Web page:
Who doesn’t get a little creeped out any time they see an old van cruising slowly through their neighborhood? Now, I’m not talking about the soccer mom mini-van you see plenty of, but I’m talking about those vans from the 80s and beyond that seemed to be the vehicle of choice in films where kidnapping is involved. Creep Van takes the idea of the sleazy van and uses it to its fullest, transforming this white metal beast into the ultimate death trap on wheels. Unfortunately the van and the gore are pretty much all the film has going for it.
Cambell (Brian Kolodziej) is a little down on his luck; with a new job working at a car wash and having to take the bus, things are far from easy. To make matters worse, his living situation isn’t much better with a roommate with a few fetishes and the roommate’s girlfriend who has an unexplained hatred for Cambell and enjoys kicking him down when she gets the chance. Just about the only good thing going for Cambell is his cute co-worker Amy (Amy Wehrell). Things begin to look all the more promising after Cambell comes across a white van that’s for sale and in his price range.
Doing all he can to get a hold of the van’s owner proves to be a time-consuming task; when Cambell finally gets a hold of the owner, it turns out he’s in the middle of killing another perspective buyer. Things get odd as the vans owner starts calling Cambell and his friends delivering threats and does his best trying to be creepy, but the audience never gets to hear his voice clearly, which took away any potential menace this character could have had.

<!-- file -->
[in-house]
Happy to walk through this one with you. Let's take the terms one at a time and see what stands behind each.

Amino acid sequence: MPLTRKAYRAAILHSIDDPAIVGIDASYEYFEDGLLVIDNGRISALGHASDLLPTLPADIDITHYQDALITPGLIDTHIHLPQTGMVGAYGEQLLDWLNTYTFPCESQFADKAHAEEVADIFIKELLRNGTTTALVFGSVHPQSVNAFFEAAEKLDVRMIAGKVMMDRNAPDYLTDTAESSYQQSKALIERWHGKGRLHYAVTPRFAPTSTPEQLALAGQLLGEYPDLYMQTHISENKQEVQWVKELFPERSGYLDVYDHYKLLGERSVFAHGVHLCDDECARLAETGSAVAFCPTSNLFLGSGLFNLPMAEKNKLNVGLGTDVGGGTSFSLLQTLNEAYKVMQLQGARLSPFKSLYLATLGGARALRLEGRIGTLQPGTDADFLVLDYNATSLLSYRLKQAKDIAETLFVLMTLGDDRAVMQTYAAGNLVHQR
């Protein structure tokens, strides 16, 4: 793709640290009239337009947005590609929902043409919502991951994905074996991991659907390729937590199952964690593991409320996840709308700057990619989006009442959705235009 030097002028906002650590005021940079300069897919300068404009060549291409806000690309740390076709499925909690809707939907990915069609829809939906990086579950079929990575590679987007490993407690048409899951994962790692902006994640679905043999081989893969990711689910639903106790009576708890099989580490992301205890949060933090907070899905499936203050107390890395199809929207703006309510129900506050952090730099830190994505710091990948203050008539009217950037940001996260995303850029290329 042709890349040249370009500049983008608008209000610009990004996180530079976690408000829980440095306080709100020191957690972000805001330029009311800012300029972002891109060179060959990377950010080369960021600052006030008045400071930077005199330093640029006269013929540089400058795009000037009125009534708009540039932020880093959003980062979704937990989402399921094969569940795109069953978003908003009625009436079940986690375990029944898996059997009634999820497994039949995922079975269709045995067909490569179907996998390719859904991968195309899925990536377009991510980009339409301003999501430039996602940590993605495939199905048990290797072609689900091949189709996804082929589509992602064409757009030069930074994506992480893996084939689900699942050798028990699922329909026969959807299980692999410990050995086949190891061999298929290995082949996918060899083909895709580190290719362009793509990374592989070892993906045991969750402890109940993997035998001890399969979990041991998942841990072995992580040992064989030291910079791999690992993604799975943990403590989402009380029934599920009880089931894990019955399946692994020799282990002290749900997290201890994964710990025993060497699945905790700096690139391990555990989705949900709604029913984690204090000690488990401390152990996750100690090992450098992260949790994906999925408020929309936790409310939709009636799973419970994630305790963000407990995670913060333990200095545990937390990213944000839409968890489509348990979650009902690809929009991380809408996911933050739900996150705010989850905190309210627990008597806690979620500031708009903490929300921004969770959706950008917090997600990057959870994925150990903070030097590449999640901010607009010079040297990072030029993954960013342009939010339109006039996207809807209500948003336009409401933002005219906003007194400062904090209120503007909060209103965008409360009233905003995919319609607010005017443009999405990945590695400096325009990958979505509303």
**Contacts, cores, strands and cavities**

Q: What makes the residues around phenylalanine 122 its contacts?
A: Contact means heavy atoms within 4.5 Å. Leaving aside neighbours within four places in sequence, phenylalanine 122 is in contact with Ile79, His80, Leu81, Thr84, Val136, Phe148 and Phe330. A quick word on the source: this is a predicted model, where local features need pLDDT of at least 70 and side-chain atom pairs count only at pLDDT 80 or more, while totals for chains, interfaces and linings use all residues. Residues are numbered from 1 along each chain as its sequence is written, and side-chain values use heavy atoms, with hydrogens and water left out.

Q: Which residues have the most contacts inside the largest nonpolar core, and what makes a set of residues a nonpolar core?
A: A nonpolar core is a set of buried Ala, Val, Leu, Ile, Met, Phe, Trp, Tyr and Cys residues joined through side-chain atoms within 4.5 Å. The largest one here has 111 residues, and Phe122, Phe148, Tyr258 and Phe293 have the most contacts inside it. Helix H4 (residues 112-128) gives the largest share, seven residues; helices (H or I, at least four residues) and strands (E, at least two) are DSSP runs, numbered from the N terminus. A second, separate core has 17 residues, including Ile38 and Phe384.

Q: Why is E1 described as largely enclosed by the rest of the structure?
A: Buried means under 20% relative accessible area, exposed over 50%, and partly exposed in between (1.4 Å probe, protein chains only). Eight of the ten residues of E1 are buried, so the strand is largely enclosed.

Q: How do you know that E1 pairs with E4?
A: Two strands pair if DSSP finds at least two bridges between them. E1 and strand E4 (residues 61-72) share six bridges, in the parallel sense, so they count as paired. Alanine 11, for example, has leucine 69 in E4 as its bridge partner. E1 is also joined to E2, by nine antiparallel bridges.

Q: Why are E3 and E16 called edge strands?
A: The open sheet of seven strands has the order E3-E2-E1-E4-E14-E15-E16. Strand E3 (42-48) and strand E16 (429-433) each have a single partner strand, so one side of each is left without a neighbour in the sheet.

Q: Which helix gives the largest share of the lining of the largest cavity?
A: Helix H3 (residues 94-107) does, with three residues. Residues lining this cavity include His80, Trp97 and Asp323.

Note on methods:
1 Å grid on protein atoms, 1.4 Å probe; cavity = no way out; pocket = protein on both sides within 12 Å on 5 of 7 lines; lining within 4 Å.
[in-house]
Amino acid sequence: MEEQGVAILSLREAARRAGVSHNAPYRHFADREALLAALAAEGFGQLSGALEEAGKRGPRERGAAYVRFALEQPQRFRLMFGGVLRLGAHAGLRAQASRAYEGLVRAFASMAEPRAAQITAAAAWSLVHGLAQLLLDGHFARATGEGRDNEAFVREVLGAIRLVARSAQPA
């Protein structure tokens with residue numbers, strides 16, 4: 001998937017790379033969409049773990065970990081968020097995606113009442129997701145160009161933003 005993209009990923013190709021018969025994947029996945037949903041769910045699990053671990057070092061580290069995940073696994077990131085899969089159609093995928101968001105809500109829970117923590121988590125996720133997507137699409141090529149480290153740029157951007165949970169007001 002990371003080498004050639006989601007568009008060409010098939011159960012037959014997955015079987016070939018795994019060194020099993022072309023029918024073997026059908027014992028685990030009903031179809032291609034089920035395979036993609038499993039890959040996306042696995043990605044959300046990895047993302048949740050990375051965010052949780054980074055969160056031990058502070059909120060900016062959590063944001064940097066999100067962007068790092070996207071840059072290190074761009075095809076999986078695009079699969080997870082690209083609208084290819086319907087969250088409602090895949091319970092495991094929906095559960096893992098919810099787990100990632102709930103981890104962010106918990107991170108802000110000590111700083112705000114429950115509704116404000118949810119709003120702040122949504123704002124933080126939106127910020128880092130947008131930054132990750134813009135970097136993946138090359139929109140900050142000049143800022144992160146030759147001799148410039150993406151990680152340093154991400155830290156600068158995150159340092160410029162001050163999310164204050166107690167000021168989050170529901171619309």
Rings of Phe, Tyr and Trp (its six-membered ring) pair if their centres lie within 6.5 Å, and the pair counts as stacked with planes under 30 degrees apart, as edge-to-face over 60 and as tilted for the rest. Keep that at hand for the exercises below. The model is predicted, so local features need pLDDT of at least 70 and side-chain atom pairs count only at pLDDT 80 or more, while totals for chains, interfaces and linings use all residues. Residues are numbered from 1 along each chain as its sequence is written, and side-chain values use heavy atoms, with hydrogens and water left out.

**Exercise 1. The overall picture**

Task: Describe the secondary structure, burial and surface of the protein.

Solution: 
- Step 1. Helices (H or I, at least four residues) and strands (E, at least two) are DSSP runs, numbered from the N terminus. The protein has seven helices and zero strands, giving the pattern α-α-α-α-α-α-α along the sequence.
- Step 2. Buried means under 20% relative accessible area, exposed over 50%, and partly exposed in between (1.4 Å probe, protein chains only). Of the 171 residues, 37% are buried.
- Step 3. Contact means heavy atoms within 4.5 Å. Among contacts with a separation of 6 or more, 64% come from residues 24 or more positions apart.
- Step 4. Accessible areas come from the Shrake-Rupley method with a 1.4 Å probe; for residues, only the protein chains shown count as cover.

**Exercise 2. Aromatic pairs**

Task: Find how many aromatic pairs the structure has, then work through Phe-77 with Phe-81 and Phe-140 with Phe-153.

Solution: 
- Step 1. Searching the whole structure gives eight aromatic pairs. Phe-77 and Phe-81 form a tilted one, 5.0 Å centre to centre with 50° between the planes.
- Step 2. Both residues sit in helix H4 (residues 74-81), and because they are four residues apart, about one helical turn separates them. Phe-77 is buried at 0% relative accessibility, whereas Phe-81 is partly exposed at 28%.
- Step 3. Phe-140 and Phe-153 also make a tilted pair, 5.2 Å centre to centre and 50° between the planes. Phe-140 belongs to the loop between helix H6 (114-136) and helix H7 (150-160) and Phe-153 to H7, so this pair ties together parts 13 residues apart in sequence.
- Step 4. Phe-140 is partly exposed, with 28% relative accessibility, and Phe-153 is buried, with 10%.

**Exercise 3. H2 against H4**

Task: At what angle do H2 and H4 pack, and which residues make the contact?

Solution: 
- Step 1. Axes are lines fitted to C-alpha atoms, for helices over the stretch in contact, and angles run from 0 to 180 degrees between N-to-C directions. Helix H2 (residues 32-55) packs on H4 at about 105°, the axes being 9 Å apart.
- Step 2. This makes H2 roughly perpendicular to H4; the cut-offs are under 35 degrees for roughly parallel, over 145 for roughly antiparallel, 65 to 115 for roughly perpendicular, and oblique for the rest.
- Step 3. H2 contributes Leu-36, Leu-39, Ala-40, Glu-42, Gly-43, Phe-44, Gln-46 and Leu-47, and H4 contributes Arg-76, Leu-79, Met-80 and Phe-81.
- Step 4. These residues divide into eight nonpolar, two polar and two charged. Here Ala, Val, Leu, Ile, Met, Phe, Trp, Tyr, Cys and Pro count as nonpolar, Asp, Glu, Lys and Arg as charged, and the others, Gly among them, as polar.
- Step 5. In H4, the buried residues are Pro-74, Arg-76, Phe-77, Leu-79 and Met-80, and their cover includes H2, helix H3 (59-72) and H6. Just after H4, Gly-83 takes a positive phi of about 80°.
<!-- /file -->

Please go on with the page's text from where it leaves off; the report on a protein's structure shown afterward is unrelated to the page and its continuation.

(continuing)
As the film plods along, any time it seems like the story at the car wash is getting a little boring the driver in the van kills someone. The killer doesn’t seem to have a motivation behind the killings or any pattern to the violence; it seems whoever comes along becomes the next victim. There are some nifty kills at least, one severing a would be thief in half and then my favorite kill of the film where the van’s victim has their face cut off. Sadly these were the highlights of the film.
By the time the final showdown between Cambell and the killer occurs, the film has already reached a level of absurdity that it simply became impossible to understand why anything is occurring. How a new age hippie drug dealer gets involved in this and becomes Cambells go to man for backup rather than calling the police is just one of the many bad decisions that made this a cringe-worthy experience.
Aside from a cameo by Lloyd Kaufman (writer/director for Troma films) the acting is a little below standard for what you’d find in your average B-movie romp. But the blame goes to the writing; perhaps if there was more to the history of the van and the killer’s motivation the viewer could invest themselves more so into the film. At the end of the day this is simply the cheesy B movie you would expect from a film called Creep Van. Troma fans may be able to find some love for this turkey, but for me this van is one I’d let pass me by.